Saving the azure clarity of California's Lake Tahoe

World-renowned Lake Tahoe - the sky-blue, mountain-girt body of water that straddles the California-Nevada border - has been given a new lease on life.

So have efforts to mesh scientific research with the political process to preserve precious natural areas, say participants in a procedure that culminated in an agreement aimed at preserving Tahoe's famous clarity.

For Dr. Charles Goldman of the University of California at Davis, the Aug. 26 decision of the Tahoe Regional Planning Agency was the payoff on 23 years of devoted research. Limnologist Goldman, director of the Tahoe Research Group, says deterioration of the lake environment has become more rapid in recent years. Algal growth has become ''exponential,'' he explains, and the prized transparency of Tahoe's water is being lost at a rate of one-half meter a year.

Strong resistance - especially by Nevada members of the planning agency - to putting strictures on building and other environmentally risky activities finally gave way to Goldman's warning, based on scientific data, that Tahoe is fast becoming ''an ordinary lake.''

Huey Johnson, California secretary for natural resources, hailed the new environmental standards as ''a monumental victory'' because it requires that scientific evidence be used when determining how much development may take place in the basin. If the Tahoe agreement is successfully implemented, he asserted, it will ''be an environmental model for the rest of the world.''

Goldman termed the Lake Tahoe Basin ''a microcosm for pollution problems'' and a rare instance of successfully ''applying science to a political situation.''

Political realists predicted that the recent meeting of the Tahoe Regional Planning Agency - with seven representatives each from California and Nevada appointed by the state governors - would not even come near to agreeing on environmental ''thresholds'' (minimum standards). For many years, the membership from both states was heavily development-oriented. Recently, especially during the administration of Gov. Edmund G. Brown Jr., a majority of the California delegation has favored strong environmental protection. But within the past year Nevada Gov. Robert List appointed two members known to be linked to development forces.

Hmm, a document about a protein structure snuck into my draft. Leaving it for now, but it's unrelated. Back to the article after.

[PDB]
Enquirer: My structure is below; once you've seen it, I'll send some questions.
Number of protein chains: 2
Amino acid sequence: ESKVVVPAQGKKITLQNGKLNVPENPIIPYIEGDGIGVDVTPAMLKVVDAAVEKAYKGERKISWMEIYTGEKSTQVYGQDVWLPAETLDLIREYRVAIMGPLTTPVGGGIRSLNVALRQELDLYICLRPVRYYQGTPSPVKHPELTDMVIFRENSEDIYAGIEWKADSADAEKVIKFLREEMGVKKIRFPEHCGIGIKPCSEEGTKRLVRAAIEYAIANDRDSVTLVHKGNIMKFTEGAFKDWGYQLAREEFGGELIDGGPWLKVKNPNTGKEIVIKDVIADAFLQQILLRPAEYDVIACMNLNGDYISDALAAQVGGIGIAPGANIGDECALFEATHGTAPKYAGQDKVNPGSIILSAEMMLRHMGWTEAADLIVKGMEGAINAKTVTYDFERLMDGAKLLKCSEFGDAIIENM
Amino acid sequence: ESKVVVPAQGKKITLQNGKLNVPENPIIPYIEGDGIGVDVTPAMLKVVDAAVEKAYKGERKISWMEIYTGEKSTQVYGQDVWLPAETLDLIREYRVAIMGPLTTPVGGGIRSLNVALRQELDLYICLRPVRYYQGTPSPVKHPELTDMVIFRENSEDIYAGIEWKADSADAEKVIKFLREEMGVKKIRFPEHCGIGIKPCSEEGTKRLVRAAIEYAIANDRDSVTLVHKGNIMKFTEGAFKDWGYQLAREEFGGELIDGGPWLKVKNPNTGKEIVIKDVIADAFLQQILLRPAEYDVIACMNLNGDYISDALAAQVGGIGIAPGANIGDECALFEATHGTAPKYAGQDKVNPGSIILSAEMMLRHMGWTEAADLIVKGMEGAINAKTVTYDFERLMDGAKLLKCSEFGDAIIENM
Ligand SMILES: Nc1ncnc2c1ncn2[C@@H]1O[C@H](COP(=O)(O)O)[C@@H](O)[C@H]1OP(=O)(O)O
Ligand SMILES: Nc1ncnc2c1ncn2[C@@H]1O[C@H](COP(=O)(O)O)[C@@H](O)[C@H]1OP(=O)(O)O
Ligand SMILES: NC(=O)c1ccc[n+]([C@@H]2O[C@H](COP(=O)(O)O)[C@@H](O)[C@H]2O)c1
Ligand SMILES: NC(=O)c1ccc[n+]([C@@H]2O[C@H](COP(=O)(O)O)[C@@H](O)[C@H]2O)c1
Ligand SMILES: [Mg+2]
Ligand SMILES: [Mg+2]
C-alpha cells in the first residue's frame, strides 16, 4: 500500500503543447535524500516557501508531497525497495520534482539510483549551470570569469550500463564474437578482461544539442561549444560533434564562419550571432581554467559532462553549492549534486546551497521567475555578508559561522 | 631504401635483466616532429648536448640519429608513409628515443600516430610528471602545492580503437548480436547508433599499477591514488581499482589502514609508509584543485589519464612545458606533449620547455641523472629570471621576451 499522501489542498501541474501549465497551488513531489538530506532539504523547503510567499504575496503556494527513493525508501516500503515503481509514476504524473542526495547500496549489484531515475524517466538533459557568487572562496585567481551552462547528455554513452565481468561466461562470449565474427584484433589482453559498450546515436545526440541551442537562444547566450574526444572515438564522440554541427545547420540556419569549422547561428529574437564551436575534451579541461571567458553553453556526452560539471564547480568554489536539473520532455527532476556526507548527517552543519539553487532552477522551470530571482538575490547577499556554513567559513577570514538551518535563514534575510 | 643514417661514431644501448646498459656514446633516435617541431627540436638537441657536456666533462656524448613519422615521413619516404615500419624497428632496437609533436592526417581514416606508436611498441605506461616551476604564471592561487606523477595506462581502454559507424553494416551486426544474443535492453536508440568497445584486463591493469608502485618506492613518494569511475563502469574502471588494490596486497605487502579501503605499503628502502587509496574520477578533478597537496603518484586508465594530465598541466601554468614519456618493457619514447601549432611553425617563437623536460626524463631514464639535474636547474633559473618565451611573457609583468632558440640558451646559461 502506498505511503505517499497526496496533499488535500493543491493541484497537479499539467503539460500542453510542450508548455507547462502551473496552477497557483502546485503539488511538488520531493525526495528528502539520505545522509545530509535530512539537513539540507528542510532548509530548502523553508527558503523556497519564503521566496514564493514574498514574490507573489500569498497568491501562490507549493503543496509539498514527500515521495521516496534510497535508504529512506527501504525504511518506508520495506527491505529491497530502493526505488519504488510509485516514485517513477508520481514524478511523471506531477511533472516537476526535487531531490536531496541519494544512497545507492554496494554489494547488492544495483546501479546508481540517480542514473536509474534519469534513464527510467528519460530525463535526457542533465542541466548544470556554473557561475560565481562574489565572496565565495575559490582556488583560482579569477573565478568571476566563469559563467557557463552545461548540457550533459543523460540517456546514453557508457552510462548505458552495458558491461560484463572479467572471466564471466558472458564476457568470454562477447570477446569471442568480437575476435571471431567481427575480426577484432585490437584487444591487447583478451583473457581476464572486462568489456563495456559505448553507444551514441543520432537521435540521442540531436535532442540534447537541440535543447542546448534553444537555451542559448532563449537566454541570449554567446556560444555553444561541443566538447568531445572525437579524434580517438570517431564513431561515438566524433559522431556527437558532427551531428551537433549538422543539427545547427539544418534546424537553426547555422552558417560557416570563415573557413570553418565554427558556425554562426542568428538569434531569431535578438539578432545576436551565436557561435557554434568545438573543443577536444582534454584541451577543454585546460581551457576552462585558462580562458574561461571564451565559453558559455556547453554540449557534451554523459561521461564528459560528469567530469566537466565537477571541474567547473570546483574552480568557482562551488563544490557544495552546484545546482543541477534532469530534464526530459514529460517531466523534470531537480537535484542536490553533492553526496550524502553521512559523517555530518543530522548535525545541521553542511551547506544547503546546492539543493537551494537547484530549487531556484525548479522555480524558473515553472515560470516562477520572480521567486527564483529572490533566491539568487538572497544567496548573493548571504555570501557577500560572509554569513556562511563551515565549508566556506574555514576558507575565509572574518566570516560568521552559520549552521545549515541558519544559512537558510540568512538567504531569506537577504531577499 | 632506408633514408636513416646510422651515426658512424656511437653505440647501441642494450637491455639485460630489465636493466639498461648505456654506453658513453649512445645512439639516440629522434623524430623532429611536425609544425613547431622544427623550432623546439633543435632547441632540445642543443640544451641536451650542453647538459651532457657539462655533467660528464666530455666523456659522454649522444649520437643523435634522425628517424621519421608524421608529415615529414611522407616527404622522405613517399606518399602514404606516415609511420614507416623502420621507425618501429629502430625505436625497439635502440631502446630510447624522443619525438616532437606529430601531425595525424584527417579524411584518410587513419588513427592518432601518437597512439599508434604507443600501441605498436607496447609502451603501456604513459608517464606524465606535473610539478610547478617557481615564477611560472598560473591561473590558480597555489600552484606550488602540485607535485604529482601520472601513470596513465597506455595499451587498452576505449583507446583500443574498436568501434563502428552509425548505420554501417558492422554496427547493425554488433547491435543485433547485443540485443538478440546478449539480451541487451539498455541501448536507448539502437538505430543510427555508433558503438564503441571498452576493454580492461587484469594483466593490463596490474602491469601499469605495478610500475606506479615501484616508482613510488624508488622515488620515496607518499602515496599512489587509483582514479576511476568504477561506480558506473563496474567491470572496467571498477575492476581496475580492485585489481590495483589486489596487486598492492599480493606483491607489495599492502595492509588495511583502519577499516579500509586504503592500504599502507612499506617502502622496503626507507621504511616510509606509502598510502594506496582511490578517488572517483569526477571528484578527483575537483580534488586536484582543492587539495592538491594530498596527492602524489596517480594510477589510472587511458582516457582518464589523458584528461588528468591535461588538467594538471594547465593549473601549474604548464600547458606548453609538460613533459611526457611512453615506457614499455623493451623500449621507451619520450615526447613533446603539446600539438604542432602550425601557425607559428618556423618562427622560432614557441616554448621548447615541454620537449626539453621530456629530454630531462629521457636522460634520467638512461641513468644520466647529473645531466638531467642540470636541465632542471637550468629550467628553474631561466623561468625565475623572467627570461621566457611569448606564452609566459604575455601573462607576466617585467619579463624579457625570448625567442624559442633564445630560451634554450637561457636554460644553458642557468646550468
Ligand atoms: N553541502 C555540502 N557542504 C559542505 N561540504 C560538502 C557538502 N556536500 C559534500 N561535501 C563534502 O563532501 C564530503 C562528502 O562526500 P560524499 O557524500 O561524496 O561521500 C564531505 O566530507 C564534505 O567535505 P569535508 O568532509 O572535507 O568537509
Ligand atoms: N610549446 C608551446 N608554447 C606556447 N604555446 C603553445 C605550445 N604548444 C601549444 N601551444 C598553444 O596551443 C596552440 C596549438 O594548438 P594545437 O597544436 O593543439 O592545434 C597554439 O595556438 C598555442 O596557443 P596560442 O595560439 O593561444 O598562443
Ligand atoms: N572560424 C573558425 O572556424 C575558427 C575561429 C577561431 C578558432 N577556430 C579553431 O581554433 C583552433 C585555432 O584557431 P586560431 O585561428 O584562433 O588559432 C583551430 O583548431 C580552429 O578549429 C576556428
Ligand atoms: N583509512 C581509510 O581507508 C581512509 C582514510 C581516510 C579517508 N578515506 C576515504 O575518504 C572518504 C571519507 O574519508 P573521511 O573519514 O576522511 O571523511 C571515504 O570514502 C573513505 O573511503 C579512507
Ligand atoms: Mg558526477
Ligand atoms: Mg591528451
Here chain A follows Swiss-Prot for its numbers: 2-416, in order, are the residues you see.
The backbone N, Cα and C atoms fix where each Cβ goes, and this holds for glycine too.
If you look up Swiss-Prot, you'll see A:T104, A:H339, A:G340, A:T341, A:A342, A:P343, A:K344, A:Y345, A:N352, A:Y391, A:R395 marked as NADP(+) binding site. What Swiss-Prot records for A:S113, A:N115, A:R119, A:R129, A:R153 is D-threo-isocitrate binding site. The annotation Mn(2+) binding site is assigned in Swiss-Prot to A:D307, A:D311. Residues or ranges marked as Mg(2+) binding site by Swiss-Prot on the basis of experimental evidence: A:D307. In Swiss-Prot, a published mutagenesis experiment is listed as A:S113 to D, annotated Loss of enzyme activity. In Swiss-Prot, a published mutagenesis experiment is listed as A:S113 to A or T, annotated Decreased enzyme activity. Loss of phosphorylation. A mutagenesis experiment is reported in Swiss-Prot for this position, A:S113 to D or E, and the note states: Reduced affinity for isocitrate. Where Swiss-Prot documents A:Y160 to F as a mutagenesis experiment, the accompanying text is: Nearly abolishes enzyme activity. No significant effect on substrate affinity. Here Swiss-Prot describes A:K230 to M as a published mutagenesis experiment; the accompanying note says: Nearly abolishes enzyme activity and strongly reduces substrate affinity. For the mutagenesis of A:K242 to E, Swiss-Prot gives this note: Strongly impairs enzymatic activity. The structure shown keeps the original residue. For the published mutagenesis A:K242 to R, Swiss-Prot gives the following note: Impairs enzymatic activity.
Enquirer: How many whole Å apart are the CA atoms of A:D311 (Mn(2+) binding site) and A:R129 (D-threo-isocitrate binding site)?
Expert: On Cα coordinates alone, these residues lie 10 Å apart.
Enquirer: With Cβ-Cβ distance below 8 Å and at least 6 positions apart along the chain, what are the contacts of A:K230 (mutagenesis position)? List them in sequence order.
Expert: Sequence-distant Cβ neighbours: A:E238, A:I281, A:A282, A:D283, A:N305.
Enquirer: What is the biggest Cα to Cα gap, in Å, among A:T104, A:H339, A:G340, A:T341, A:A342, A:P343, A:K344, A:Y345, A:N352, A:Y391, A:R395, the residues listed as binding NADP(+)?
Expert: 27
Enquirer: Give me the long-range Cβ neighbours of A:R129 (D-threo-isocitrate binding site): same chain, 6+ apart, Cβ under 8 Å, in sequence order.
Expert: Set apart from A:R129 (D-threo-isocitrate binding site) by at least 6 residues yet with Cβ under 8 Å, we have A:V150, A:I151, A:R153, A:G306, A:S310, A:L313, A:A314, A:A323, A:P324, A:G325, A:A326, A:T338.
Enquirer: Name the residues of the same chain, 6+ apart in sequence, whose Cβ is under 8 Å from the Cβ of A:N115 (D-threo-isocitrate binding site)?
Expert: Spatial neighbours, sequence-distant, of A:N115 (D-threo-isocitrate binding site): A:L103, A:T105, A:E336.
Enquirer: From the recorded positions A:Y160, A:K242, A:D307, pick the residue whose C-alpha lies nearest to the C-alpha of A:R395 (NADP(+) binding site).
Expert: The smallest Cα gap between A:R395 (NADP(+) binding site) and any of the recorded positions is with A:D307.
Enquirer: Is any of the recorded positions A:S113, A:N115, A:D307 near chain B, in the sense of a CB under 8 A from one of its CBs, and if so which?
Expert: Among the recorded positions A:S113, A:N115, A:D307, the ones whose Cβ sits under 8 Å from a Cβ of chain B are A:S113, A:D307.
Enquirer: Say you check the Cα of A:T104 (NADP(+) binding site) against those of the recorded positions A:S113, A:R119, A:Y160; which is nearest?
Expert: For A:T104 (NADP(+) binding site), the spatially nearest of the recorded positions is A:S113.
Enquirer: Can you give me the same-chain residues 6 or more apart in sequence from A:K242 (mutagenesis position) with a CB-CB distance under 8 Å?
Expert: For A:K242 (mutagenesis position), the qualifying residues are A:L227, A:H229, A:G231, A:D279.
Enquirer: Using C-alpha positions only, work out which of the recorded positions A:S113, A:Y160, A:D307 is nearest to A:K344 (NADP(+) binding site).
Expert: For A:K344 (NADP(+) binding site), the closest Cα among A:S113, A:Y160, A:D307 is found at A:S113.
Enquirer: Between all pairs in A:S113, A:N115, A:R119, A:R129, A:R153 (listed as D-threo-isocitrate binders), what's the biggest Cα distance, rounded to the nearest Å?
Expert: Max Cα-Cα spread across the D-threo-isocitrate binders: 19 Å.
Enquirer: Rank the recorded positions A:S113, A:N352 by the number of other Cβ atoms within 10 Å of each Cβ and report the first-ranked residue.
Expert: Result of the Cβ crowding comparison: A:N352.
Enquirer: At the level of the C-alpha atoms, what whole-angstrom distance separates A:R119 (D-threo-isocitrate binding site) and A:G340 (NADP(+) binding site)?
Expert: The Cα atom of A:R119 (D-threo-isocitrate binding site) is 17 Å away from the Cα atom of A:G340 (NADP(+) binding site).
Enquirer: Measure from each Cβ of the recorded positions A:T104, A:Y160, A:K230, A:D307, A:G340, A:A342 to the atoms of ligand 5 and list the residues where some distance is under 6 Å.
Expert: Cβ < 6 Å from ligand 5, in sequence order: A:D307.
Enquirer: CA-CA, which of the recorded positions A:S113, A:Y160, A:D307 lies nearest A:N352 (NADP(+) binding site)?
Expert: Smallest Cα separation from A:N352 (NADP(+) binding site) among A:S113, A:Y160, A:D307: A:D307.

With a majority vote of each state's members required to approve the proposed new standards, the expectation was that Nevada would block the plan. But the pressure of public opinion, manifested in such groups as the League to Save Lake Tahoe, and reportedly some urging from the White House, apparently brought around a Nevada majority.

Also, say Goldman and Johnson, even the most pro-development people have come to realize they could spoil a good thing commercially by despoiling the lake.

Among the more significant thresholds:

* Water clarity - 33.4 meters during the December-March period (when there is the least intrusion of pollutants, explains Goldman). This means that a white, plate-sized disk can be clearly seen at that depth. The limnologist points out that the lake has lost 25 percent of its relative transparency in the last 15 years.

* Introduction of nutrients into water - 52 grams per square inch per year. These nutrients, the result of clearing land for development, fertilizing plants and golf courses, and other activities, are chiefly responsible for algae growth. Goldman recalls: ''My most significant contribution up to now was convincing people not to put sewage into the basin. This (which happened in 1963 ) gave the lake a breathing spell.'' Most waste now goes into sewers that take it out of the Tahoe Basin.

* Air quality - carbon dioxide is to be limited to 9 parts per million in an eight-hour period. A visibility standard has been set - 103 miles at least 50 percent of the time. The once-pristine air now is affected by the exhausts of autos driven by the 50,000 year-round residents and the 300,000 visitors that come into the area on peak days in both summer and winter.

* Development - each proposal will be reviewed for conformity to the threshold standards. In effect at present is a five-year state compact under which each proposal will be reviewed for compliance with the new standards. The compact expires in August 1983.

Other factors covered by the agreement include: fisheries and wildlife, noise , recreation, scenic resources, soil conservation, water quality, and vegetation.

Goldman says a good deal of the damage to the lake can be undone, but it will take many years. Lake Tahoe naturally drains slowly (its ''retention time'' is 700 years), and a flow-control dam now keeps its level from dropping below a minimum. ''Most important,'' he emphasizes, ''is to stop progressive deterioration.''

Helping guarantee that the agreement will be carried out, he explains, is an interagency monitoring program developed within the last two years. The data produced by the Goldman team will thus be made available to local, state, and federal agencies with ''enforcement authority.''

The most important effect of the new agreement, in Goldman's view, is that it ''provides the political muscle to begin corrective action and phase out construction on the steep slopes'' around Lake Tahoe.

Aiding this new initiative to protect Lake Tahoe is a land-acquisition plan announced earlier this year by the US Forest Service. Possibly by the end of this year, the Forest Service will begin buying some 21,000 acres of ''enviromentally sensitive'' land in the basin.

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